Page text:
According to the Village defendants, plaintiff's mother and brother called the Fredonia police on February 4, 2004, and asked that they conduct a "well-being" visit of plaintiff (see Docket No. 63, Village Defs. Atty. Aff. ¶ 8).

As for the February 9, 2004, arrest, plaintiff claims false arrest and false imprisonment, (Docket No. 47, 2d Am. Compl. ¶¶ 35-40, 41-45*fn3 ). Against the Village defendants, plaintiff alleges common law trespass, and against all defendants emotional distress (id. ¶¶ 58-64, 65-69). Against the Chautauqua County defendants, plaintiff alleges malicious prosecution and denial of due process (id. ¶¶ 46-52, 53-57).

Procedural History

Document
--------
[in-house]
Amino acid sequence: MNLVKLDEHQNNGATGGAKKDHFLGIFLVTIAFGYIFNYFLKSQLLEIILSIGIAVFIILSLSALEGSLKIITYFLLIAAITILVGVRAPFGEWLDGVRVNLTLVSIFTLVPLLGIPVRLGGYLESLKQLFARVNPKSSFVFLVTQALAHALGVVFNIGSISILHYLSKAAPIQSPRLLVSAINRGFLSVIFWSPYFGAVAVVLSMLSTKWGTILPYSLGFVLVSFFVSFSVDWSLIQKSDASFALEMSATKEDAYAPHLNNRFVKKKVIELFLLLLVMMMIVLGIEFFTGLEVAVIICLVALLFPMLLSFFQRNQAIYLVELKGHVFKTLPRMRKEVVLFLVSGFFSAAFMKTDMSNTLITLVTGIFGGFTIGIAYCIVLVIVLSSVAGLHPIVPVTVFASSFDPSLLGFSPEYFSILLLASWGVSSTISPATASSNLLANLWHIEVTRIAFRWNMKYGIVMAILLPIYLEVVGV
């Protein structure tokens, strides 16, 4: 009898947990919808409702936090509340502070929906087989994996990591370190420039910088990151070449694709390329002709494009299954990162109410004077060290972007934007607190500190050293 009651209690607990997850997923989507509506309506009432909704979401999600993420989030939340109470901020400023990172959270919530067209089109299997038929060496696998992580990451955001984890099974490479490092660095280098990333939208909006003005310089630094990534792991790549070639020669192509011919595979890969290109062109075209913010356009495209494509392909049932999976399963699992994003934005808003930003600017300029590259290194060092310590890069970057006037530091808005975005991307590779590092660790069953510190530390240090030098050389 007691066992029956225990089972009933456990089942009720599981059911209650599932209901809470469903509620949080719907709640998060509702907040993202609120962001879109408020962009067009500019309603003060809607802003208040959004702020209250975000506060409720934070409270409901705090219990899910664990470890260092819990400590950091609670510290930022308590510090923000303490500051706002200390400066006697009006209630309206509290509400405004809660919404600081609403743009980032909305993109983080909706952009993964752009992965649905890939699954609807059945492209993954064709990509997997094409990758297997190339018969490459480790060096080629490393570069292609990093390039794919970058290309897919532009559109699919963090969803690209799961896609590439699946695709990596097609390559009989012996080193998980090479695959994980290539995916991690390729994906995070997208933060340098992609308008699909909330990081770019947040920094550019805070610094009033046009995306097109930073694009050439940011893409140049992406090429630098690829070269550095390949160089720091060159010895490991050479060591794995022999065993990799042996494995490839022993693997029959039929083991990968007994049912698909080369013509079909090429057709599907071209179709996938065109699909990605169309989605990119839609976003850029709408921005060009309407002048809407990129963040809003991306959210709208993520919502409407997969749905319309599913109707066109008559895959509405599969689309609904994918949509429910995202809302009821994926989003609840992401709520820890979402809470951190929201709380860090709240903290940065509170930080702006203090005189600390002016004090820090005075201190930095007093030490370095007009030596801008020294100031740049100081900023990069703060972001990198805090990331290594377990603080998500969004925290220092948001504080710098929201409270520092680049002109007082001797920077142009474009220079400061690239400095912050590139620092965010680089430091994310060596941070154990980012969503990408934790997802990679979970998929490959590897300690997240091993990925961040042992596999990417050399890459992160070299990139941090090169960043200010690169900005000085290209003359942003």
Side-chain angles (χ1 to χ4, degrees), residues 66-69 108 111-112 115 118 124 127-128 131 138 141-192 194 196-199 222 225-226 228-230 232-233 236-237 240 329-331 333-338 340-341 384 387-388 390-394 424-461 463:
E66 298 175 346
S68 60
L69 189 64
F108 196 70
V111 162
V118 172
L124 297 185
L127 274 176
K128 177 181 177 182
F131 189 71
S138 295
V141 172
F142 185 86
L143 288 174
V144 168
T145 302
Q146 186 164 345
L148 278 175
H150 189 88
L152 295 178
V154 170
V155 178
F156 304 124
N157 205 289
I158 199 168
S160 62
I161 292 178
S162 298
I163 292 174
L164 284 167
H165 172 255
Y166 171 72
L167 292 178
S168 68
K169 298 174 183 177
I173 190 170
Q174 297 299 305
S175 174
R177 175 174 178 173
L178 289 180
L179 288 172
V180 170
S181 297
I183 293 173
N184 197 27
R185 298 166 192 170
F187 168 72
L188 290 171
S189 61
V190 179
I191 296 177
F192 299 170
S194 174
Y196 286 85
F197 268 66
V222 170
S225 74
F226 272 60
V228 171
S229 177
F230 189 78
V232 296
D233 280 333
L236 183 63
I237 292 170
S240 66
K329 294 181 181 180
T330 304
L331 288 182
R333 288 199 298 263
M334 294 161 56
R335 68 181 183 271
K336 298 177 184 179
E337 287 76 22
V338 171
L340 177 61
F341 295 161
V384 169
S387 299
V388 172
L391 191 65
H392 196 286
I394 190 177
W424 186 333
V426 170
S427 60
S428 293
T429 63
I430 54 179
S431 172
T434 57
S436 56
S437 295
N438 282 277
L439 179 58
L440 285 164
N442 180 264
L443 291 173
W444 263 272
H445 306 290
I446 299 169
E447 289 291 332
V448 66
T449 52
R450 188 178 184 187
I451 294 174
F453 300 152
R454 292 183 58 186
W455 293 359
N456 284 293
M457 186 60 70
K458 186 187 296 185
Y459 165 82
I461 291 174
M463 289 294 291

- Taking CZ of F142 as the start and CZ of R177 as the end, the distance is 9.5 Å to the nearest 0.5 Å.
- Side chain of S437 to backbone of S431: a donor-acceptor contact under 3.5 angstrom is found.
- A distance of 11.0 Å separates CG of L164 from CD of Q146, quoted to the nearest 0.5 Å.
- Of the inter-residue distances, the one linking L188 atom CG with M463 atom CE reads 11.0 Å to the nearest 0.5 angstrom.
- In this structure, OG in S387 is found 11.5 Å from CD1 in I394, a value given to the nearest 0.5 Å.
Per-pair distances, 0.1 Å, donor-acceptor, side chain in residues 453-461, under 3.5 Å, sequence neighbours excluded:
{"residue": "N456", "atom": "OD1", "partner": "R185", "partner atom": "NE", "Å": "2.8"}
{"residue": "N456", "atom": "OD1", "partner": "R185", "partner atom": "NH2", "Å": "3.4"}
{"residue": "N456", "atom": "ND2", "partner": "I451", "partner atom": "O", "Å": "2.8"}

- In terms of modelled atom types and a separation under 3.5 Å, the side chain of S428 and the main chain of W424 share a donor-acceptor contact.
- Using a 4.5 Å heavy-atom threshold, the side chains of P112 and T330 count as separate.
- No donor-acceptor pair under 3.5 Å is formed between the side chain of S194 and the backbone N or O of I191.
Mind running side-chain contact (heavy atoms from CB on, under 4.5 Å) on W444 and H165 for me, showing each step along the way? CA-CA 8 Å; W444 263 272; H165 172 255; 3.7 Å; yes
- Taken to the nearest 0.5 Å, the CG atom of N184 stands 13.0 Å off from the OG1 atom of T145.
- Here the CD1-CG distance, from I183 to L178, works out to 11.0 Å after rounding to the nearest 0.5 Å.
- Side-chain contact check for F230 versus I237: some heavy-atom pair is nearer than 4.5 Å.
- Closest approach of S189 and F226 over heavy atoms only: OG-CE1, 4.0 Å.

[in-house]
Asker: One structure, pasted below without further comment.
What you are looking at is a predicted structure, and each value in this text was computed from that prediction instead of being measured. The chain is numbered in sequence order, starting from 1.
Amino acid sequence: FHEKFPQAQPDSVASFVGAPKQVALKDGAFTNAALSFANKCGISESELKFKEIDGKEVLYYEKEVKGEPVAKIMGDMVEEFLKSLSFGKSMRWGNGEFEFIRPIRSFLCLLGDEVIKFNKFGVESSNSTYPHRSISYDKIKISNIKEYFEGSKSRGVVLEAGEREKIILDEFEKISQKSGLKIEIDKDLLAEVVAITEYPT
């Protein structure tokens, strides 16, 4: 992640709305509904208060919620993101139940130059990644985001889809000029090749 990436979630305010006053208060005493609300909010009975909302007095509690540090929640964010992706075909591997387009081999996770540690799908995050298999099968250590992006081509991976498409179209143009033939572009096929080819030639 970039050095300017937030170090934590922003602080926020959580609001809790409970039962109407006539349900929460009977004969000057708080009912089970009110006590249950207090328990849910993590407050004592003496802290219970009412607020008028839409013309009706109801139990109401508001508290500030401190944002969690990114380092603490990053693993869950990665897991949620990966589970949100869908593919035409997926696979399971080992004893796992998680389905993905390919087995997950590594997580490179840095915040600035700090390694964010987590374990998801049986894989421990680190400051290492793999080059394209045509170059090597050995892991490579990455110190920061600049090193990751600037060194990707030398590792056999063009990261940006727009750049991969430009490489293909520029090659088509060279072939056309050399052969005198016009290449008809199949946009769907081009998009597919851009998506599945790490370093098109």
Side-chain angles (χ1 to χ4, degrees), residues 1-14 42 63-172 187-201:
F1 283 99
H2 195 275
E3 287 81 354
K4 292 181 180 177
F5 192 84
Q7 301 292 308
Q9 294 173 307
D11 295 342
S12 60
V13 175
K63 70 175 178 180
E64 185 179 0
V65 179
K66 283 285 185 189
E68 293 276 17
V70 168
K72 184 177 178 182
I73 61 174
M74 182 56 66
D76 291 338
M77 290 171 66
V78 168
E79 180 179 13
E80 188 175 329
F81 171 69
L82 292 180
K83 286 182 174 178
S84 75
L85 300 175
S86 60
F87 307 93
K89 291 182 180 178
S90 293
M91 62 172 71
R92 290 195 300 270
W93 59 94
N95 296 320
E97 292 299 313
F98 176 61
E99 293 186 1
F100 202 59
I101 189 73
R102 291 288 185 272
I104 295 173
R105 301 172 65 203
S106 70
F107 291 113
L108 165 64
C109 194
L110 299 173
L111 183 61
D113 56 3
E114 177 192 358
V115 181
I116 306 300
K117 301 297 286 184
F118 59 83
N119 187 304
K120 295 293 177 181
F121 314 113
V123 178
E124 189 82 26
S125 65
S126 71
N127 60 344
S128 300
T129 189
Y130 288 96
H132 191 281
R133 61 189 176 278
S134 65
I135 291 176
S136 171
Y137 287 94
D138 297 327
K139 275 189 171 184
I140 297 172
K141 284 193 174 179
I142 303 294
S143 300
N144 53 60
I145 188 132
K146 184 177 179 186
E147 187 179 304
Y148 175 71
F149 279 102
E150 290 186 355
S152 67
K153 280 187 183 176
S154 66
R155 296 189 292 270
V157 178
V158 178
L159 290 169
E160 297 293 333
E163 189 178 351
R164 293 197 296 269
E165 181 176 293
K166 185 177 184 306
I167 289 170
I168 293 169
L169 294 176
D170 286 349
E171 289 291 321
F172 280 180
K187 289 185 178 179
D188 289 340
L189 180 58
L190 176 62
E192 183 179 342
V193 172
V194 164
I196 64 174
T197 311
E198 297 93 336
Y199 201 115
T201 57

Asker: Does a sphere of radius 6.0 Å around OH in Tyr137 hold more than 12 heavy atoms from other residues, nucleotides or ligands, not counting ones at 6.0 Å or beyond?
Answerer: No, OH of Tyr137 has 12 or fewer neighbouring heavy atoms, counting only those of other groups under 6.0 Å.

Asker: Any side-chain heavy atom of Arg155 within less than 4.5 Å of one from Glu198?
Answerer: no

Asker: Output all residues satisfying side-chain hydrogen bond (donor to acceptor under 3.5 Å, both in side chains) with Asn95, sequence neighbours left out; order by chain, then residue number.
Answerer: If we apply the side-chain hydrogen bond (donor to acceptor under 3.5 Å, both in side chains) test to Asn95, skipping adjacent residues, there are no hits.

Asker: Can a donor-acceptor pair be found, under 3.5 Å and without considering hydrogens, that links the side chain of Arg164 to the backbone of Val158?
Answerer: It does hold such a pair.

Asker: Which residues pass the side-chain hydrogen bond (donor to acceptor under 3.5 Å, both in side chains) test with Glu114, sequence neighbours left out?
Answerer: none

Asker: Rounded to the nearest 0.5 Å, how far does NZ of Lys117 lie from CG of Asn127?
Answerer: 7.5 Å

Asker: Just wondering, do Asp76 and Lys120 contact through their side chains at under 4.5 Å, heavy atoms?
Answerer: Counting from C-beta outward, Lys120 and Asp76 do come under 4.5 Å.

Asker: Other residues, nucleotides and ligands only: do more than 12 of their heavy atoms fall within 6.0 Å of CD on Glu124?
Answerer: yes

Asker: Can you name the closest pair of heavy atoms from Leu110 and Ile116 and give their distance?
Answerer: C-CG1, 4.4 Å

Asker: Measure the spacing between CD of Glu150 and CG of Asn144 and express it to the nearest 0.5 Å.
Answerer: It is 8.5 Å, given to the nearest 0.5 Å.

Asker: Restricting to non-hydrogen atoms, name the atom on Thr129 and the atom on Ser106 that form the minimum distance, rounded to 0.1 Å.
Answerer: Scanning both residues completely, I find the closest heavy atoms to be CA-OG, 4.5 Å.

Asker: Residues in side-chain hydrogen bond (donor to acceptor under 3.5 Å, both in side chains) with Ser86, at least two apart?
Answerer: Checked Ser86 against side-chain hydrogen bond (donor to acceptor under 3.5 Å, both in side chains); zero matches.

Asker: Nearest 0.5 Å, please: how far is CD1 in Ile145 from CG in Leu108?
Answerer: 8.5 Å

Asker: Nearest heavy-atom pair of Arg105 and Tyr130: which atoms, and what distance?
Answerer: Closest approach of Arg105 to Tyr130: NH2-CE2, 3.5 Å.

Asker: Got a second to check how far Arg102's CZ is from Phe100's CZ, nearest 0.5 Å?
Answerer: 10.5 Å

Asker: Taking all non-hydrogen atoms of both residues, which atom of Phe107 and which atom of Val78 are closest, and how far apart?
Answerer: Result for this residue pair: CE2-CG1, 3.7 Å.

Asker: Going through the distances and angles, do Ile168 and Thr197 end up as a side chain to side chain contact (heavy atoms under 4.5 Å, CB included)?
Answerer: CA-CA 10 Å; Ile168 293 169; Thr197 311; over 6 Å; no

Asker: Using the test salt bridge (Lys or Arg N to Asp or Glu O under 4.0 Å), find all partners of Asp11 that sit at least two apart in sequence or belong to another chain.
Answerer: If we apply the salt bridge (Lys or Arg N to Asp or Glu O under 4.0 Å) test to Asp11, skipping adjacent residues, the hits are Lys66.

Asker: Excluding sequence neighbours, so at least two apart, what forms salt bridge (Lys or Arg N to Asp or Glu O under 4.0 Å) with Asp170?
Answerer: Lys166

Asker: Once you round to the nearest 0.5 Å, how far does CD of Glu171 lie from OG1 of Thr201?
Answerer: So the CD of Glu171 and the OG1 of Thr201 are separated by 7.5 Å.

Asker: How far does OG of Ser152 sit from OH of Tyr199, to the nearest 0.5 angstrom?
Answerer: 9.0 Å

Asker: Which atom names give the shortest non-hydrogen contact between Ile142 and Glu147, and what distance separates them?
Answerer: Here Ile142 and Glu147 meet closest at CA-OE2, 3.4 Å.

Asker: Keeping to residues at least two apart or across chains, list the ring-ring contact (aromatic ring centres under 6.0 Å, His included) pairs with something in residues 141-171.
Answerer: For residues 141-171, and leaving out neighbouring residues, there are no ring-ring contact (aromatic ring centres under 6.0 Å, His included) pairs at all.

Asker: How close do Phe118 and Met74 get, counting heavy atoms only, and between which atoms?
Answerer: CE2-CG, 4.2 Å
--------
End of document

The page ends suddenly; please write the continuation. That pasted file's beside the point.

Plaintiff filed her original Complaint on February 3, 2005 (Docket No. 1), and the case initially was assigned to Judge John Elfvin. The Village defendants answered (Docket No. 14) and Chautauqua County and affiliated county defendants moved to dismiss (Docket No. 15) on ripeness grounds (among other grounds) (see Docket No. 36, Pl. Atty. Aff. in support of motion to amend Compl. ¶ 6), which was granted on May 16, 2005 (Docket Nos. 23, 21). By stipulation plaintiff filed her first Amended Complaint (Docket No. 26) excluding claims against Chautauqua County and its affiliates. The Village defendants answered the first Amended Complaint (Docket No. 28). In the scheduling Order for this case, Judge Elfvin referred this case to the undersigned for settlement purposes (Docket No. 29). Plaintiff later moved to amend this pleading (Docket No. 36) (in part to reassert claims against the Chautauqua County defendants), which was granted on October 2, 2007 (Docket No. 45; see Docket No. 47). In the Order granting leave to amend the Complaint, Judge Elfvin referred pretrial matters to the undersigned (Docket No. 45). Prior to the Village defendants answering the Second Amended Complaint (see Docket No. 51), this case was reassigned to Judge William Skretny (Docket No. 48). The Court then entered an Amended Scheduling Order (on October 30, 2007) which had plaintiff's expert disclosure due by February 1, 2008, concluded discovery by March 28, 2008, set a settlement conference for April 8, 2008, before the undersigned, and had dispositive motions due by April 25, 2008 (Docket No. 50).